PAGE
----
Beasts of No Nation
Directed by Cary Joji Fukunaga
Produced by Cary Joji Fukunaga, Amy Kaufman, Riva Marker, Daniela Taplin Lundberg and Idris ElbaWritten by Cary Joji Fukunaga (from Uzodinma Iweala’s novel)
Starring Idris Elba, Abraham Attah, Emmanuel Affadzi, Ama K. Abebrese and Kobina Amissah-Sam
After the death of his family, the traumatized Agu (Attah) ends up as a child soldier in wartorn Africa.
Netflix’s bold move to simultaneously release this film in theaters and online was a risky move, but the film remains one of the year’s most brutal, emotional journeys in cinema. Cary Fukunaga confidently writes, directs, produces, and shoots with several references to films like The Thin Red Line and Apocalypse Now, which are masterpieces in their own right. Abraham Attah delivers a heartbreaking performance, which largely overshadows the brilliant work from Idris Elba as the Commandant. It’s a haunting film that begs to be seen, even if it’s at home on your computer.
Oscar Potential: Best Supporting Actor (Elba), Best Adapted Screenplay, Best Cinematography
Bridge of Spies
Directed by Steven Spielberg
Produced by Steven Spielberg, Marc Platt and Kristie Macosko Krieger
Written by Matt Charman, Ethan Coen and Joel Coen
Starring Tom Hanks, Mark Rylance, Amy Ryan and Alan Alda
During the Cold War, an insurance lawyer (Hanks) must defend a foreign spy (Rylance) and eventually facilitate his trade for two Americans.
Steven Spielberg continues his Oscar-friendly period, but the director still manages to make an engaging film, even though it feels like he’s on autopilot these days. Tom Hanks is aptly cast, and his likability lends itself to a fine performance. Though, Mark Rylance steals the film as the calm, mannered Russian spy. While the film is heavily tailored to tug at your heartstrings, it still thrills, entertains, and, yes, moves with a sentimentality that Spielberg has pretty much perfected. This could be the next Best Picture winner at the Oscars, and it wouldn’t be a bad choice.
Oscar Potential: Best Picture, Best Director, Best Actor, Best Supporting Actor (Rylance), Best Original Screenplay, Best Production Design, Best Cinematography, Best Film Editing, Best Original Score, Best Sound Mixing
Directed by Guillermo del Toro
Produced by Thomas Tull, Jon Jashni, Guillermo del Toro and Callum GreeneWritten by Guillermo del Toro and Matthew Robbins
Starring Mia Wasikowska, Jessica Chastain, Tom Hiddleston, Charlie Hunnam and Jim Beaver
A brother (Hiddleston) and sister (Chastain) lure a young woman (Wasikowska) to their creepy, depreciated estate, which is haunted by ghosts.
Guillermo del Toro’s gothic romance is problematic, but it thrives in its throwback to classic horror films. Ghosts, young love, betrayal, blood, dark hallways, gorgeous costumes, and a sweeping score are all in the mix, and the film doesn’t shy away from the ridiculousness of the whole affair. Though it’s not particularly original, it does have a chilly, antiquated atmosphere that’s rather refreshing. The performances are fine, but it’s del Toro’s show, with style being all over the screen.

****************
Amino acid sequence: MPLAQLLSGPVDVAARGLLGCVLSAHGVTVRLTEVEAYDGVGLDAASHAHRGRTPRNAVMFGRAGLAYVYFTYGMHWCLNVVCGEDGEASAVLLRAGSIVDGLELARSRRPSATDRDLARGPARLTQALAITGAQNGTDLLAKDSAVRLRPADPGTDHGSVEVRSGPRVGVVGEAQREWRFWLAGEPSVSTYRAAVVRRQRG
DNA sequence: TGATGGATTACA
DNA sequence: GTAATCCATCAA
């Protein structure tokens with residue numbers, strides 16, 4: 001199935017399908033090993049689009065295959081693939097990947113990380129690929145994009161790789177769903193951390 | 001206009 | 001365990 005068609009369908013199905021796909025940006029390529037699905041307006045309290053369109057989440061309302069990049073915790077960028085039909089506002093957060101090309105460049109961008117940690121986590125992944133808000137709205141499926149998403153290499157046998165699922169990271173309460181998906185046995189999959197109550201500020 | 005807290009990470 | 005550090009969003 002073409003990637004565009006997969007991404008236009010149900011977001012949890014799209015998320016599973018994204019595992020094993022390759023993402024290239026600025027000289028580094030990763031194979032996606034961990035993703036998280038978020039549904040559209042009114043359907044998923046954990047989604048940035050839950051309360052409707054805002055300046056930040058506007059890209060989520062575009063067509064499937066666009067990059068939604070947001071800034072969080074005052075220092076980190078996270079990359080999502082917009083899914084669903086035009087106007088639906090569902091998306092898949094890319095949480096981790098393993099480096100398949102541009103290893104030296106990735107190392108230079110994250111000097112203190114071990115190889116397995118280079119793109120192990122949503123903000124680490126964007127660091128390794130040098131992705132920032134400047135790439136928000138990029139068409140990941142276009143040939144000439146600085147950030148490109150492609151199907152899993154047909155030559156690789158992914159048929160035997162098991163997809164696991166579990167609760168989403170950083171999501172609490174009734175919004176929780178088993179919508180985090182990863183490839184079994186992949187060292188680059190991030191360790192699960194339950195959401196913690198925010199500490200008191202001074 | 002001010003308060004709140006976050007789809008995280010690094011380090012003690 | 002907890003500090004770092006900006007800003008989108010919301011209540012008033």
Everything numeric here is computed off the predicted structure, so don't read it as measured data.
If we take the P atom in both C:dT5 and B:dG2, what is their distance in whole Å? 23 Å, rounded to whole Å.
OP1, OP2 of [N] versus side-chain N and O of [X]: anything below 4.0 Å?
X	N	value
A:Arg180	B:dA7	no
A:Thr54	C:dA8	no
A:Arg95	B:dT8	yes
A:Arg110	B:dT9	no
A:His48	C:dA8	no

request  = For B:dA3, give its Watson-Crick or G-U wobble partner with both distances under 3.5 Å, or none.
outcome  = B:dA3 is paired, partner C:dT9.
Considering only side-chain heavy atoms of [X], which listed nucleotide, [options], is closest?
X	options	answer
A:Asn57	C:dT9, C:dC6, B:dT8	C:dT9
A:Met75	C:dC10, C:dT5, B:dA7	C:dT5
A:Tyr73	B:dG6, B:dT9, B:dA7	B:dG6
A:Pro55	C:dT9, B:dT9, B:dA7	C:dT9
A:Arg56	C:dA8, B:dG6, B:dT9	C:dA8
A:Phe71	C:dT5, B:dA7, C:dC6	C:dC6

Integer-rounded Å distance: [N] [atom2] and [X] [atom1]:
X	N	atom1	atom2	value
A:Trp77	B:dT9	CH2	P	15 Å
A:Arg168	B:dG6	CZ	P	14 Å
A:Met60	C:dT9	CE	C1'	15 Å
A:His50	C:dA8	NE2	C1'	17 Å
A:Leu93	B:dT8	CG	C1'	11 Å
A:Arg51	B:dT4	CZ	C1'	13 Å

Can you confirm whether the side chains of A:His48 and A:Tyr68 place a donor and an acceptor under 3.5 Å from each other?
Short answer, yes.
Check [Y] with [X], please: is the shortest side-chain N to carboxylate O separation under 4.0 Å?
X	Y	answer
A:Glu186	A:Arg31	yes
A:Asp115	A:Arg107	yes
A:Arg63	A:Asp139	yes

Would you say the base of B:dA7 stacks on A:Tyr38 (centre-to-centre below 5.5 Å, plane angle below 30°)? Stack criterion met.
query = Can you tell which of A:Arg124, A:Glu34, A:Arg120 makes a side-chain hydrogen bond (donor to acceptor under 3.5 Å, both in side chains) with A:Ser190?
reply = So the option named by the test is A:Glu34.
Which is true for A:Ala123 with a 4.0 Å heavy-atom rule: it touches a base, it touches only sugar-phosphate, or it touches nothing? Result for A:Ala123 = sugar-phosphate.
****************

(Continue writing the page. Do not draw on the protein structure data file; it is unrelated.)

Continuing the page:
Oscar Potential: Best Production Design, Best Costume Design
It will be a crime if Crimson Peak isn't in there for production design or costumes. All those potentials for Bridge of Spies make me a bit sad because the film looks so generic. I'm glad you liked it though. Maybe I'm being too harsh.ReplyDelete
I wonder if Crimson Peak will register with those branches of the Academy. It should, but it could get lost in the shuffle. Bridge of Spies is one of those films that Oscar voters will probably eat up. It gets better the more I think about it, though it's nowhere near Spielberg's best work.Delete
I was severely disappointed by Crimson Peak, but I haven't seen Beasts Of No Nation or Bridge of Spies yet. Beasts, I fear, might be "too much" for me in terms of its content and I've heard Bridge of Spies is very talky which isn't really my thing.ReplyDelete
I was marginally disappointed with Crimson Peak, but I didn't have any expectations going in. Overall, I liked it, despite its messiness. Beasts might be too much, even if it is a great film. (And Abraham Attah deserves an Oscar campaign!) Bridge of Spies is very talky, and quite minimal for Spielberg. I liked it, but it's not for everyone.Delete
Finally saw Beasts Of No Nation! Surprisingly, it wasn't as difficult a watch as I thought it would be. It is a tough one, but it doesn't go too, too far. Idris Elba, though. Wow, he was a powerhouse along with Attah!Delete
Glad you finally saw it! Attah and Elba are amazing, especially the former.Delete
Not seen any of those yet. I'm a bit hesitant about Crimson Peak because of the lukewarm reviews.ReplyDelete
Beasts of No Nation is the one I most want to see of the three, it sounds quite powerful!
I'd say Crimson Peak is worth a look, but not required viewing by any means.Delete
Beasts of No Nation is terrific. I wonder about its Oscar chances, though.
I definitely want to see Beasts of No Nation and Bridge of Spies. I'm glad you gave Crimson Peak a decent score; I actually liked it and found it entertaining.ReplyDelete
Beasts and Bridge are definitely worth a look, and I also enjoyed Crimson Peak, even if it's a little messy.Delete
I thought Bridge of Spies was decent but I wouldn't nominate it for anything. I hope to see CP soon I herd Chastain is actually good in thisReplyDelete
I wouldn't nominate Bridge of Spies either, but I really, really liked it. Mark Rylance almost makes my Supporting Actor lineup. Chastain is fine in CP, though it's not her best work.Delete
I love that Bridge of Spies is being so well received by bloggers I trust. Need to check that one out soon.ReplyDelete
Hope you like it, man. I wouldn't nominate it for anything, but it's a very solid film.Delete